Caring about the future

FATE - Study of adaptive evolution events associated with the rise of pathogenic potential in Aspergillii colonising polluted soils
CESAM Responsible researcher - Artur Alves
Programme - COMPETE - Programa Operacional Competitividade e Internacionalização
Execution dates - 2021-03-31 - 2024-02-29 (35 Months)
Funding Entity - FCT - Fundação para a Ciência e a Tecnologia
Funding for CESAM - 36125 €
Total Funding - 249937.1 €
Proponent Institution - Universidade Nova de Lisboa
Participating Institutions
Universidade de Aveiro

Project Description
We will disclose “Why, How and What” leads to increase fungal virulence in polluted soils. Our planet is continuously being challenged and altered by both natural and anthropogenic factors. Among these, climate change is, perhaps, the most relevant and is believed to largely result from human activity. Chemical pollution and climate change cannot be dissociated. Climate change may lead to geological/geochemical or atmospheric alterations with severe consequences (e.g. global warming) that impact human lives. William D. Nordhaus was awarded with the Nobel Prize in Economics in 2018 for integrating climate change impacts into macro-economic analysis. Chemical pollutants are nowadays found ubiquitously at a global scale, affecting all ecosystems. Soil is a key reservoir of biological diversity on our planet; one of its major ecological, social and economic services. It ensures numerous ecosystem functions and plays major roles in surface water purification, in recycling of mineral elements (soil fertility), in carbon storage and in the mitigation of pollution. The economic profit derived from soil biodiversity has been estimated to be thousands of billions of dollars. Fungi are responsible worldwide for ca. 2 million human deaths annually. These numbers are expected to enlarge since the most vulnerable population - immune-compromised individuals – is also increasing at a fast pace. Fungi are proficient opportunistic pathogens, capable of colonising virtually all habitats on Earth and to survive extreme environments and scarcity of food resources. The increased burden of fungal infections in humans, emergence of azole-resistant fungi (e.g. Candida auris) and crosskingdom pathogens (phytopathogens that acquire capacity to infect animals) has been linked to many contributing factors, including climate change, but the link to soil pollution remains overlooked. Importantly, pollution has been demonstrated to contribute to the spread of antimicrobial resistance genes across some pathogenic bacteria. Inspired by these facts, we have been seeking to understand how pollution impacts soil mycobiota. Our team has demonstrated important defensive roles of mycobiota of soils contaminated with the persistent organic pollutant pentachlorophenol (PCP). The mycobiota ensured rapid decay of the pollutant but paid a high price since PCP exposure elicited pathogenic tradeoffs. These included dysregulation of C and N metabolisms, secretion of proteins associated with pathogenesis and decreased susceptibility to fungicides. FATE current-working hypothesis is that pollution acts, globally, as driver of increased pathogenicity in fungi. This may be a consequence of either fast adaptive evolution events or selective pressure towards virulent strains. We are particularly interested to understand if soil pollution favours the emergence of pathogenic aspergilli capable of infecting human hosts. This taxon includes species that are relevant human pathogens, e.g. A. fumigatus, and some that are opportunistic pathogens usually resistant to the fungicides commonly used in clinics, e.g. A. terreus. In addition, we are targeting three specific chlorinated pollutants: PCP –an archetypal chlorinated aromatic pollutant, diclofenac and triclosan, both classified as contaminants of emergent concern which are structurally related to PCP. We will analyse soils across two continents and characterise their mycobiota and pollution loads. Adaptive evolution experiments along exposure to pollution will be applied on aspergilli isolates to generate specialised-phenotypes. Functional and genomic assays will help to uncover potential specialisation events leading to virulence. Deep genome resequencing will be used to spot pathogenic trails (e.g. single-nucleotide-polymorphisms), some of which might have been mapped before in clinical aspergilli strains. The expertise acquired by our partnership over a decade of research on multidisciplinary aspects of environmental sciences, fungal biology, genomics and pathogenicity, analytics, and on the ecology of polluted soils, supports the feasibility of our complex and ambitious proposal. The datasets to be generated will allow us to answer: How does chemical pollution affects mycobiota communities globally? Are there specialisation trails associated with pathogenicity, common to all polluted locations? Is there a rise in pathogenic aspergilli as a result of chemical pollution? Which are the genomic features that define augmented virulence in environmental strains?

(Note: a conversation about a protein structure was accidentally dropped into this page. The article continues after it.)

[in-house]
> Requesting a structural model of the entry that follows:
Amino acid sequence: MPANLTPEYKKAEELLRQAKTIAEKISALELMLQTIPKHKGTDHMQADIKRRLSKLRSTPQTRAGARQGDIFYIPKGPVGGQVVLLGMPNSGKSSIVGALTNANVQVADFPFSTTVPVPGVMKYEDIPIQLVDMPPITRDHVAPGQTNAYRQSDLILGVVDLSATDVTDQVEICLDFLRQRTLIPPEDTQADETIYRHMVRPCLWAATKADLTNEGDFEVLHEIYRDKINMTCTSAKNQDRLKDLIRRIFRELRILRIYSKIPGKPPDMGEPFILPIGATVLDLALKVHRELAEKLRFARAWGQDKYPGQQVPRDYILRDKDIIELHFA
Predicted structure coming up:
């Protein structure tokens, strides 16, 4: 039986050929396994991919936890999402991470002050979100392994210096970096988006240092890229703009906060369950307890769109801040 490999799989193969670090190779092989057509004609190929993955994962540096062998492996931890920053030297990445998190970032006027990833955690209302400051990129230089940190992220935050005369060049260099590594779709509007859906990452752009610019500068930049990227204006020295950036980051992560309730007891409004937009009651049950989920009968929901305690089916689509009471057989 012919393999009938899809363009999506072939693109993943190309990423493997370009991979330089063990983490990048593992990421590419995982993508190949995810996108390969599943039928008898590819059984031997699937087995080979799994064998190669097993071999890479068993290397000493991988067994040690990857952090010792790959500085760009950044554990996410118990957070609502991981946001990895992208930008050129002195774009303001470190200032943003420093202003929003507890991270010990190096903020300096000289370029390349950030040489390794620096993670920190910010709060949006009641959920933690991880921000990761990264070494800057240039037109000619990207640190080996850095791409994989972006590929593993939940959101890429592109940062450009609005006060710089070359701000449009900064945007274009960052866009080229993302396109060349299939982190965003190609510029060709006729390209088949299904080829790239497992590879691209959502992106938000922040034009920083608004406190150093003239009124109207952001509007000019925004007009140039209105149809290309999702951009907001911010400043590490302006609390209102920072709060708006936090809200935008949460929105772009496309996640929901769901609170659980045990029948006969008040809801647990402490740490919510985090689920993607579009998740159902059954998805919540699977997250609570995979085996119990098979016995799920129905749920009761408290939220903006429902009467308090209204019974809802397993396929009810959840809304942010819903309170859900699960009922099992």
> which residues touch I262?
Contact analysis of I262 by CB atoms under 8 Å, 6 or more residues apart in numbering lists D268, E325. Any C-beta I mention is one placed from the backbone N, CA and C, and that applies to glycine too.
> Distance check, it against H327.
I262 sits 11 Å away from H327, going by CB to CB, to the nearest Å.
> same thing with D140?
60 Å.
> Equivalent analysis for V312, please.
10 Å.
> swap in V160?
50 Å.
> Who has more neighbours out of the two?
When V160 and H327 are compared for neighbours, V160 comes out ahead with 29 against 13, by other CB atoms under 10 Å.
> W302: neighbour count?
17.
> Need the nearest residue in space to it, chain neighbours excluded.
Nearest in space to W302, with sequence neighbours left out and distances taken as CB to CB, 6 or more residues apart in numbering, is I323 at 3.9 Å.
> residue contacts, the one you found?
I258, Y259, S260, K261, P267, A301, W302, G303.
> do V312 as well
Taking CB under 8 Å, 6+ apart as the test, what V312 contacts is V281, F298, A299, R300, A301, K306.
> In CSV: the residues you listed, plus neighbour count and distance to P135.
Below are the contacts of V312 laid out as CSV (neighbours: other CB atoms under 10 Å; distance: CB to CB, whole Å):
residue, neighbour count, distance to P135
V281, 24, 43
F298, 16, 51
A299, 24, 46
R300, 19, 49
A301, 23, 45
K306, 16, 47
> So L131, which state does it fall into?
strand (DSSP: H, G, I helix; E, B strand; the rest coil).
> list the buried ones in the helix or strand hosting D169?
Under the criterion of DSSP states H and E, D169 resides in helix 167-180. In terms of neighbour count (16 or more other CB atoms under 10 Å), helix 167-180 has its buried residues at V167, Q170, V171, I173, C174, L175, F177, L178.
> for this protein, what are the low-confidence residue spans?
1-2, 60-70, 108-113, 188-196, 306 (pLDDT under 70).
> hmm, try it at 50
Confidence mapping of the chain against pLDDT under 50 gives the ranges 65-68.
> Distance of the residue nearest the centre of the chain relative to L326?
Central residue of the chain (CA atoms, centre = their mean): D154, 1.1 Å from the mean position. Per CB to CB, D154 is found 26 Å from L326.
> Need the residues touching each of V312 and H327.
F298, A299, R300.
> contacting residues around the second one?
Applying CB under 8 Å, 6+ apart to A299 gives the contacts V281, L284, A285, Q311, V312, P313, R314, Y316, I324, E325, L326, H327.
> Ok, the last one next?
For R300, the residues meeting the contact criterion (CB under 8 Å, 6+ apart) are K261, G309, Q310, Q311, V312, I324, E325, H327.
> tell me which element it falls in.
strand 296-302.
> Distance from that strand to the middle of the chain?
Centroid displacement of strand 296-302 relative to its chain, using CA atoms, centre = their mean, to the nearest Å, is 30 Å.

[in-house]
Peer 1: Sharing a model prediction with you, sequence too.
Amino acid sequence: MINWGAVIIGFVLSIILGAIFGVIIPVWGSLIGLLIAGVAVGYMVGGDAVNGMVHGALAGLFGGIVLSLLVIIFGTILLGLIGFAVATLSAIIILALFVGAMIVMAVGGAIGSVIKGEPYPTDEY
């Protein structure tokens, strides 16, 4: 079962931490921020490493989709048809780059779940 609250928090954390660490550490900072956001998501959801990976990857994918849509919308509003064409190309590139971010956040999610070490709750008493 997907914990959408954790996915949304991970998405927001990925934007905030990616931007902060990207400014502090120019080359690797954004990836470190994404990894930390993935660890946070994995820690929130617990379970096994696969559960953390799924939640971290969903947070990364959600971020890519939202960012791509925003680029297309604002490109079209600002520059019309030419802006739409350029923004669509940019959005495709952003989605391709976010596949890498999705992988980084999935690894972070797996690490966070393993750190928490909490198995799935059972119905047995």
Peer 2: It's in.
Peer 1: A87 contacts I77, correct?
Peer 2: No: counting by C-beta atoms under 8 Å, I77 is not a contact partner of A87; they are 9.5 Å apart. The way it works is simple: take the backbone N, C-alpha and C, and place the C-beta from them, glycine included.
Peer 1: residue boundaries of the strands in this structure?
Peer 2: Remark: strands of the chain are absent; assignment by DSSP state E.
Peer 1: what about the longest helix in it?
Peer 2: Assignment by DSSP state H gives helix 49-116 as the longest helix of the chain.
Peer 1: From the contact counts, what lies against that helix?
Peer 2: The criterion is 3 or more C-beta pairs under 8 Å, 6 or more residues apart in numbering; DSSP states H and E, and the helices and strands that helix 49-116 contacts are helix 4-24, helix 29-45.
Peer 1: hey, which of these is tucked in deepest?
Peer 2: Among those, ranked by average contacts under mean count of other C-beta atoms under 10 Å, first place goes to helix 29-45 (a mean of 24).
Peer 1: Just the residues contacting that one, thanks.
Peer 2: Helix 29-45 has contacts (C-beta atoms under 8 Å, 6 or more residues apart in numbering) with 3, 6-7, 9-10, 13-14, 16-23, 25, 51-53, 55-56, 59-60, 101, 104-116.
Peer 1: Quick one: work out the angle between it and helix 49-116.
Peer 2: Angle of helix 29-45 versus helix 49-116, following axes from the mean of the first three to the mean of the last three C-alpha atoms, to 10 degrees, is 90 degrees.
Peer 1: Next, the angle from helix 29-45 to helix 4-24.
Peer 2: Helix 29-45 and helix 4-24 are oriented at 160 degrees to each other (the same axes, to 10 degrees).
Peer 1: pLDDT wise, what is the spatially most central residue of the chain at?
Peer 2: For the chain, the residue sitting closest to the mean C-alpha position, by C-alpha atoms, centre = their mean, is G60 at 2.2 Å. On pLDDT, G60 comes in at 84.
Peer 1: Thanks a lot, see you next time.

CESAM members on this project


CESAM Funding: UIDP/50017/2020 + UIDB/50017/2020 + LA/P/0094/2020